Authorizing Legislation: Section 301 and title IV of the Public Health Service Act, as amended.
Program funds are allocated as follows: Competitive Grants/Cooperative Agreements; Contracts; Direct Federal/Intramural and Other.
From leading the call for an AIDS-free generation to developing vaccines and therapeutics for diseases that affect populations worldwide, the United States is a global leader in health research and scientific advances that improve the lives of Americans and people across the globe. These discoveries are often made by U.S. and foreign scientists working in close collaborations that enable the best and brightest minds to tackle complex health challenges together. The Fogarty International Center therefore supports innovative training and research programs for U.S. and low- and middle-income country (LMIC) scientists that strengthen the research capabilities and catalyze the international scientific partnerships that lead to research discovery and improved health. By investing in current and future leaders in global health research and strengthening the long-term capacity of research institutions to provide robust and sustainable platforms for cutting-edge science, Fogarty advances the goals and extends the leadership of the NIH and the U.S. government in science and research, while playing a vital role in building the capacity needed to successfully tackle critical health challenges.
Fogarty programs have supported long-term research training for over 4,500 scientists worldwide, in collaboration with over 230 U.S. and LMIC research institutions. These investments provide unique training opportunities for early-career global health researchers, and aid in the retention of this diverse scientific talent in the research enterprise.
Fogarty programs support researchers who are generating critical scientific evidence and applying this research to specific interventions, policies, and programs. Infectious disease outbreaks from human and animal hosts pose significant potential health and economic threats to the U.S. and other countries.
Fogarty supports catalytic basic biomedical and behavioral research that can lead to tomorrow's breakthroughs.
The need for sustainability poses a significant challenge for investments in global health research and research training. Fogarty investments continue to evolve with increasing research capabilities in LMICs in order to build on successes and support the training of individual scientists and strengthen research institutions. In addition, Fogarty will increase support for institutional networks and hubs for data collection and sharing. When such sharing platforms are built around a core of trained individuals and strengthened institutions, they can effectively harness the different strengths of these institutions, and promote enhanced efficiencies and more robust, collaborative science.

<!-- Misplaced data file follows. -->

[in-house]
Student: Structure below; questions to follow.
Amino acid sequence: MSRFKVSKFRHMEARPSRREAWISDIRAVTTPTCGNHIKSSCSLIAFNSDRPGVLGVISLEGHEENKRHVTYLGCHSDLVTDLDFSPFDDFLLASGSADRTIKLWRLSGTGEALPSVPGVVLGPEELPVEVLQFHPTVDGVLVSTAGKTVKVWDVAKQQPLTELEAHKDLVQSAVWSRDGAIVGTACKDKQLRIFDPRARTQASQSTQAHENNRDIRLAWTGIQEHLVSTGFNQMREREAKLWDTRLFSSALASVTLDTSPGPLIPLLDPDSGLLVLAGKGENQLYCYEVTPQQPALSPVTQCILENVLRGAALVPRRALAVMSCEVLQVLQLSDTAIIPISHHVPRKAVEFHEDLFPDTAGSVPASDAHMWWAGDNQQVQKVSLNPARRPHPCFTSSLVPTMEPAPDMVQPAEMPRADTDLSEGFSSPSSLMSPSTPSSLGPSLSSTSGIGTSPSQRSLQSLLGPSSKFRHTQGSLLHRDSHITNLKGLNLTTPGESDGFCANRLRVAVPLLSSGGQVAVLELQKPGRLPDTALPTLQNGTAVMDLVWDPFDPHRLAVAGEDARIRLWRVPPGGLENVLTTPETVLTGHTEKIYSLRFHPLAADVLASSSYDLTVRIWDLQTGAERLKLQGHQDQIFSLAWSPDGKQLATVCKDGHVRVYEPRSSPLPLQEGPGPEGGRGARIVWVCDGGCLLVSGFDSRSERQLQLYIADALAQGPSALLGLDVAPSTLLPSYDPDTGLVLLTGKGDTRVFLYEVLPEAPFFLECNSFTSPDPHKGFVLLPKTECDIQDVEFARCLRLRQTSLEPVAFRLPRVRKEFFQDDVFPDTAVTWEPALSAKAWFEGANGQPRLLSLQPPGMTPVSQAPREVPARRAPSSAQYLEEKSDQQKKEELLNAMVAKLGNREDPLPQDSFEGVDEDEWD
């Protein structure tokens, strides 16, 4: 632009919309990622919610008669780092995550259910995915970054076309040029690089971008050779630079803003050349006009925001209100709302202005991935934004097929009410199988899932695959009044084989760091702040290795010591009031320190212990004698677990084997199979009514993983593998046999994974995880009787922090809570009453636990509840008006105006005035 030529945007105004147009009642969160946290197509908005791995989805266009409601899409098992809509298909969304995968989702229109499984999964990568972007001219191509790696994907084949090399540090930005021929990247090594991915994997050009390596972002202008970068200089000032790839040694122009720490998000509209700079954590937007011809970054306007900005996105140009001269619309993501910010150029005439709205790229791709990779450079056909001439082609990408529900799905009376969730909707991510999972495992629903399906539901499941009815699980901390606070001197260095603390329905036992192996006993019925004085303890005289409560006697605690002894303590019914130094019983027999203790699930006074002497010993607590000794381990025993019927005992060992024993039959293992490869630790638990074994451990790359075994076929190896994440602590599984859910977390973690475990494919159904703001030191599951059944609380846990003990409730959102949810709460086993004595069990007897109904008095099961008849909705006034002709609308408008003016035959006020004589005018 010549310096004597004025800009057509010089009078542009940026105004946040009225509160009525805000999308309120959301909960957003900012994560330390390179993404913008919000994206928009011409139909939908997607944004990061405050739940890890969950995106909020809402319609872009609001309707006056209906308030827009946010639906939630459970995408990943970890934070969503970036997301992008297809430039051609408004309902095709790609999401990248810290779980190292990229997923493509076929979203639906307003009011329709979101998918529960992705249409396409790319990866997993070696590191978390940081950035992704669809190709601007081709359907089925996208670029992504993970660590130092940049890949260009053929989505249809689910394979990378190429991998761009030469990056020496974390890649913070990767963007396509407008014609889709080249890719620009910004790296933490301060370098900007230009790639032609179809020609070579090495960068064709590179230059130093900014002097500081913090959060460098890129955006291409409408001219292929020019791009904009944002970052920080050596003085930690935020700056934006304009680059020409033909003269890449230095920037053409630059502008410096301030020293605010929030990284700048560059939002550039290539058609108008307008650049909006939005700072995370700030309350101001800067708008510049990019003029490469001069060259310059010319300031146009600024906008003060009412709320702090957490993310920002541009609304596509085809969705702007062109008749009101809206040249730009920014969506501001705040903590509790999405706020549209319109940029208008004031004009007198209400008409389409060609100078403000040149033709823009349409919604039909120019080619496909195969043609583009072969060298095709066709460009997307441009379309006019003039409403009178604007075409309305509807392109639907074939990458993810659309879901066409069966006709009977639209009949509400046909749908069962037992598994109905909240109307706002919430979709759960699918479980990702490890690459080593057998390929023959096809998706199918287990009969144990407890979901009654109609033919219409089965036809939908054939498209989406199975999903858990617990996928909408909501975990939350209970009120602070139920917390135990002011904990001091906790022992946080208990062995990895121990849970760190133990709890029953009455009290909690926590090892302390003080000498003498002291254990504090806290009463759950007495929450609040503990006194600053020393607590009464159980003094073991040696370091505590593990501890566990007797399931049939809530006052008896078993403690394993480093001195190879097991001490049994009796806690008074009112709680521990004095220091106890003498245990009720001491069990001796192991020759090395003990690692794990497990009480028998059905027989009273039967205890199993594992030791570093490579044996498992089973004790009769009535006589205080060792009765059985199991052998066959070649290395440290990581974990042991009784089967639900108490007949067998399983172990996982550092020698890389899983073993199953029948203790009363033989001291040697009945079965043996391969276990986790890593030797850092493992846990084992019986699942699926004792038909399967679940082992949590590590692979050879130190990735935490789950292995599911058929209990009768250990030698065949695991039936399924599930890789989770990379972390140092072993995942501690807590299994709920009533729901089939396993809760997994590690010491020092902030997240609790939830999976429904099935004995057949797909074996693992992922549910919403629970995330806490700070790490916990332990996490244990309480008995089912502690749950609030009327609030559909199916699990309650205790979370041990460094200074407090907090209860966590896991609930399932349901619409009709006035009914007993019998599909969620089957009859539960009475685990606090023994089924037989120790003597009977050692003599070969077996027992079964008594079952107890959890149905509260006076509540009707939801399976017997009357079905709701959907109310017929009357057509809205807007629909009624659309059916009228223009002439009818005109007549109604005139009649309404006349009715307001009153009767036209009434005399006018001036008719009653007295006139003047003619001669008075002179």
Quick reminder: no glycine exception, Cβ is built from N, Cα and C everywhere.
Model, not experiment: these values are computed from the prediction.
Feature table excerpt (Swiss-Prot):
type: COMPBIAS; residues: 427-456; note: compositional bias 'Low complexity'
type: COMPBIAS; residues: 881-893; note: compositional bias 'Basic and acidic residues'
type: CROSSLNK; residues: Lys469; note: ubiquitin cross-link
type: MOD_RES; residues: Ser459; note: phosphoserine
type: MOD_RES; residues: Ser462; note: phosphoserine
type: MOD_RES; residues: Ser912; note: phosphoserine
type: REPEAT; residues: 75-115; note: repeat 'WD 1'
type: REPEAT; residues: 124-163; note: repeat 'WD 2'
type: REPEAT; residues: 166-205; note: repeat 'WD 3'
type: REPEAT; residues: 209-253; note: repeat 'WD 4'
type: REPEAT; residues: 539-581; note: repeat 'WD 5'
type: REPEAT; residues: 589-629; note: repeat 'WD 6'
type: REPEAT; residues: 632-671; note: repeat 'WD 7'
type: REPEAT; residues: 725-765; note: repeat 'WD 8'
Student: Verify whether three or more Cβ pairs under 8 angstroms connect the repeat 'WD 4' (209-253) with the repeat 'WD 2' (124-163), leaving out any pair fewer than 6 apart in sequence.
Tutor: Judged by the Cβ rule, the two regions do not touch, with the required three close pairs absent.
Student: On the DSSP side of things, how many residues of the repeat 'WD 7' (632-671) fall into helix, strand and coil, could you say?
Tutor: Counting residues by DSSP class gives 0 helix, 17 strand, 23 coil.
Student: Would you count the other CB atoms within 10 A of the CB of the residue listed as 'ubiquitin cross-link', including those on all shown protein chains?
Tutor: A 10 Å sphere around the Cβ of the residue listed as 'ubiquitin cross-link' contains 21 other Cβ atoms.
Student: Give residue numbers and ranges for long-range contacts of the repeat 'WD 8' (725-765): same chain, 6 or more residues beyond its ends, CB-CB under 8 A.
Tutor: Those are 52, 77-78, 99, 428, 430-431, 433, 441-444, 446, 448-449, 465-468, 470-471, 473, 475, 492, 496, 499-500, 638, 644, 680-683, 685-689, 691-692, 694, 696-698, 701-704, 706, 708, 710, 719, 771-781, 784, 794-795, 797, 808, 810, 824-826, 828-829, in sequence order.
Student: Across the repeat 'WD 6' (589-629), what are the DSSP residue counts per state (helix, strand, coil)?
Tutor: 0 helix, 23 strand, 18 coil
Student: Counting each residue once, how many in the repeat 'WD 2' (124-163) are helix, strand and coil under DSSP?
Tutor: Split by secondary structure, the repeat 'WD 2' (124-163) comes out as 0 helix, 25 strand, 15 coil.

In an increasingly interconnected world, the U.S. is often called upon to play a leading role in addressing the world's most pressing challenges. Fogarty programs harness the capabilities of the U.S. as a leader of biomedical research, extend the frontiers of science, accelerate discovery, improve the health of Americans and people across the globe, and help the U.S. continue to compete and lead in science.
The FY 2014 request for FIC is $72.864 million, an increase of $3.371 million, or 4.8 percent over the FY 2012 Actual level. FIC distributes its resources among many programs and mechanisms and is committed to funding the largest number of meritorious projects possible, while allowing the flexibility needed to support selected program priorities and to respond to emerging scientific opportunities. Funding decisions are based on the number of high-quality applications, the overall number of applications, and the availability of funds. FIC funds a large number of initiatives with collaborating funding partners that include other NIH Institutes/Centers, other government agencies, and non-government organizations. Funding decisions take into account program relevance and overall portfolio consideration.